Students entering the Master's programme typically have completed a three-year undergraduate degree with a major in Psychology, which requires achieving a pass in PSYC 206 Research Design and Statistics or an equivalent research methods course. In addition, all prospective students will normally be expected to have at least a B average in their 300-level undergraduate courses. 

Apart from the Research Methods requirement, we encourage a broad base in your undergraduate study of Psychology or Psychology and Education. As well as the obvious papers in child development, family psychology, abnormal psychology, counselling and applied behaviour analysis, papers considering inclusive practice and education provide an excellent and relevant preparation.

Students with a major in Education or Teaching and a minor in Psychology (including PSYC 206 or equivalent) may complete the Master's programme as a MEd and are eligible to apply for entry to the PGDipChFamPsyc once they have completed the six 400-level courses.


Masters Programme Structure:

Part one is made up of:

  • CFPY601 Disorders of Childhood and Adolescence (.25 EFTS)
  • CFPY602 Child and Adolescent Development: Research, Contexts and Applications (.25 EFTS)
  • CFPY603 Introduction to Interventions (.25 EFTS)
  • COUN671 Counselling and Psychology: Theory and Skills (.25 EFTS)
  • HLTH472 Introduction to Psychometric Theory and Administration (.125 EFTS) 
  • An approved research methods course (.125 EFTS) - this can be one of HLTH462EDEM694EDEM697PSYC460 or their equivalents.

Part two consists of a thesis, in a topic approved by the Child and Family Psychology Programme Coordinator.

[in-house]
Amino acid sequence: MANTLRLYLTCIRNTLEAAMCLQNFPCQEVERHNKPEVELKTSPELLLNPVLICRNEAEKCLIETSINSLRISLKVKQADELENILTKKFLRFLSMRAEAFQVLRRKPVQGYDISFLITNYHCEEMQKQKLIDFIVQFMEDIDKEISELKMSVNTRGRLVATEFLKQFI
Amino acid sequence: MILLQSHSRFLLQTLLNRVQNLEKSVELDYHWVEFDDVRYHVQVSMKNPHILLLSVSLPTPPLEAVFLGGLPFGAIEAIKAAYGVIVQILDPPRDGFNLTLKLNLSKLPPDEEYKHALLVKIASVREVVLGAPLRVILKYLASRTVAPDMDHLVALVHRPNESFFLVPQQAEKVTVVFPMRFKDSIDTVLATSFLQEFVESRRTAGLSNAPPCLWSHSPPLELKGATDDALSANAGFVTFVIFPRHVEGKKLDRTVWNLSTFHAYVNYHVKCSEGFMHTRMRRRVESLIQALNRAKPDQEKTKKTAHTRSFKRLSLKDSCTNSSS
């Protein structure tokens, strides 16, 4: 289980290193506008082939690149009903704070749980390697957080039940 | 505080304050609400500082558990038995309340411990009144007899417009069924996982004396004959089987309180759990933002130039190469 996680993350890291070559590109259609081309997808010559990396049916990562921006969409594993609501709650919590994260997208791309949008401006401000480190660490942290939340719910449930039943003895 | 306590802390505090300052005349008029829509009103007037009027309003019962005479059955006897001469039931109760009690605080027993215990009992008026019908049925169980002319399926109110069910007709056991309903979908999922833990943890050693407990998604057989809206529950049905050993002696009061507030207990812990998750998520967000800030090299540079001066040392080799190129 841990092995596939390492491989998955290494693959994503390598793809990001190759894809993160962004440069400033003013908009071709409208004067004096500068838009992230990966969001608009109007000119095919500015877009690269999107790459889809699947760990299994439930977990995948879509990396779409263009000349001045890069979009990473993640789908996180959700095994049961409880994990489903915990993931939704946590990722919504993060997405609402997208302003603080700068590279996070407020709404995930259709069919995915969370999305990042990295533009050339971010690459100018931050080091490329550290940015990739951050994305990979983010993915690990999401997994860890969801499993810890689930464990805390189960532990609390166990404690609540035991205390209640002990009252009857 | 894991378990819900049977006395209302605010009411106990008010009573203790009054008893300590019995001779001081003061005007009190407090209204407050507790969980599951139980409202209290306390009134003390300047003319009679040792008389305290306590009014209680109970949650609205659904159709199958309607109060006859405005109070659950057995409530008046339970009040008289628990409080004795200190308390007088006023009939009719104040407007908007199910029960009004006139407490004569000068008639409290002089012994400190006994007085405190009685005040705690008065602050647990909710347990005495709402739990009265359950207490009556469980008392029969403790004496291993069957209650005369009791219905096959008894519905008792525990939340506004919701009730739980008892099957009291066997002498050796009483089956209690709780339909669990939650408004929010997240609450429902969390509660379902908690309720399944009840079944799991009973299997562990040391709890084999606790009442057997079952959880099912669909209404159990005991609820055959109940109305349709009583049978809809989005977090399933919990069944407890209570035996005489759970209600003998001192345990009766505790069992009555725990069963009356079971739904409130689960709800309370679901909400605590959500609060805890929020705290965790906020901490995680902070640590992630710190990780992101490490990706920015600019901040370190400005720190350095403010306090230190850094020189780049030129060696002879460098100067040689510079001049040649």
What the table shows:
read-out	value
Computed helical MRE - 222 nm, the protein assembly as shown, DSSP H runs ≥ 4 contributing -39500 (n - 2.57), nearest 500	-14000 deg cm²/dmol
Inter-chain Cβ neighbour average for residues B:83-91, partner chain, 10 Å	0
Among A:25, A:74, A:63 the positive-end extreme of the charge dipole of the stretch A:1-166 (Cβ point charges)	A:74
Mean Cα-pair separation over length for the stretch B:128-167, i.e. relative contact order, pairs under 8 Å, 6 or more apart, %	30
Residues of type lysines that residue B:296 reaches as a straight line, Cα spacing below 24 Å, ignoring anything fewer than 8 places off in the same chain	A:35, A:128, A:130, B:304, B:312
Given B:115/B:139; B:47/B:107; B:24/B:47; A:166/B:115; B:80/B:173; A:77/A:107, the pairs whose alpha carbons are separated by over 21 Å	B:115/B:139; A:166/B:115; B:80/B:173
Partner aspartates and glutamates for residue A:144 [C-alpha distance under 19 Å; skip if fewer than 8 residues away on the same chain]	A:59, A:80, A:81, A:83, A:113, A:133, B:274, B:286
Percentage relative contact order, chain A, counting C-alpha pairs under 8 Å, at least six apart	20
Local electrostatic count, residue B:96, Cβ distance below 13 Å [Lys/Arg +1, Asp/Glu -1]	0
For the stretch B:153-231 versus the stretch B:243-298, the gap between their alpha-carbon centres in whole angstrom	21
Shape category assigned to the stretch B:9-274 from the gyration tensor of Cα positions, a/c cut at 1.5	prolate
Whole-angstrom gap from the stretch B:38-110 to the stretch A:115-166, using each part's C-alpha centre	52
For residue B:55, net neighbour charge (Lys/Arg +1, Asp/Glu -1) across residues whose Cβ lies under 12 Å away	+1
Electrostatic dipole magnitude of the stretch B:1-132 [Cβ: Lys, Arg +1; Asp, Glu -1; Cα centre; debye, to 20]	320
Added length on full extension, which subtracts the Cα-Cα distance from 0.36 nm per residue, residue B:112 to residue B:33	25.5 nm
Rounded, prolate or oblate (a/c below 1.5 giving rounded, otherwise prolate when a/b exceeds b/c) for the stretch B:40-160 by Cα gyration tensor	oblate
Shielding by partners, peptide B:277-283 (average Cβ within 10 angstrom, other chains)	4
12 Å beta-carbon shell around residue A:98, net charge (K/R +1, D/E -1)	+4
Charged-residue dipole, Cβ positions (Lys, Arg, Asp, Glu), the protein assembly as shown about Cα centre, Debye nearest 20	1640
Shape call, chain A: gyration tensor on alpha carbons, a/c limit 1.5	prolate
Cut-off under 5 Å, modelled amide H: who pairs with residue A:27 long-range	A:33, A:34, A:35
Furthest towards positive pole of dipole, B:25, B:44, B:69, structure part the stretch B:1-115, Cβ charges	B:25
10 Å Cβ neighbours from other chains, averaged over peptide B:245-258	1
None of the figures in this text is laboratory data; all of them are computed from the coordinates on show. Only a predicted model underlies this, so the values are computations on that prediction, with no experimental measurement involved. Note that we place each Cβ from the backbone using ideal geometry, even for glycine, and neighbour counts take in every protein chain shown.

Check the specific requirements and programme structure for each qualification in the degree regulations:

New students apply to enrol in the six foundation year courses within either an MA or MSc in Child and Family Psychology (or as part of an approved course of study within an MEd degree). On rare occasions, students assessed to have completed equivalent coursework or a relevant thesis may gain approval to complete fewer courses within either a Postgraduate Diploma of Science or a Postgraduate Certificate in Health Sciences or Education.

The Postgraduate Diploma in Child and Family Psychology requires students to undertake placements in the community, including in schools/kura, early childhood centres, or health/medical facilities. For this qualification you may need to be vaccinated in line with the NZ Government regulations, and supply evidence of your vaccination status.

The Master of Arts (Child and Family Psychology), Master of Education (Child and Family Psychology) and Master of Science (Child and Family Psychology) programmes are strongly connected to our communities of practice. For many of our programmes, you may not be able to complete research or practice-oriented courses if you are not vaccinated. This is due to research/practice taking place in health centres and schools/kura where all employees and volunteers are required to be vaccinated. For these courses you will be required to be vaccinated in line with the NZ Government regulations, and supply evidence of your vaccination status.

For all enquiries please contact: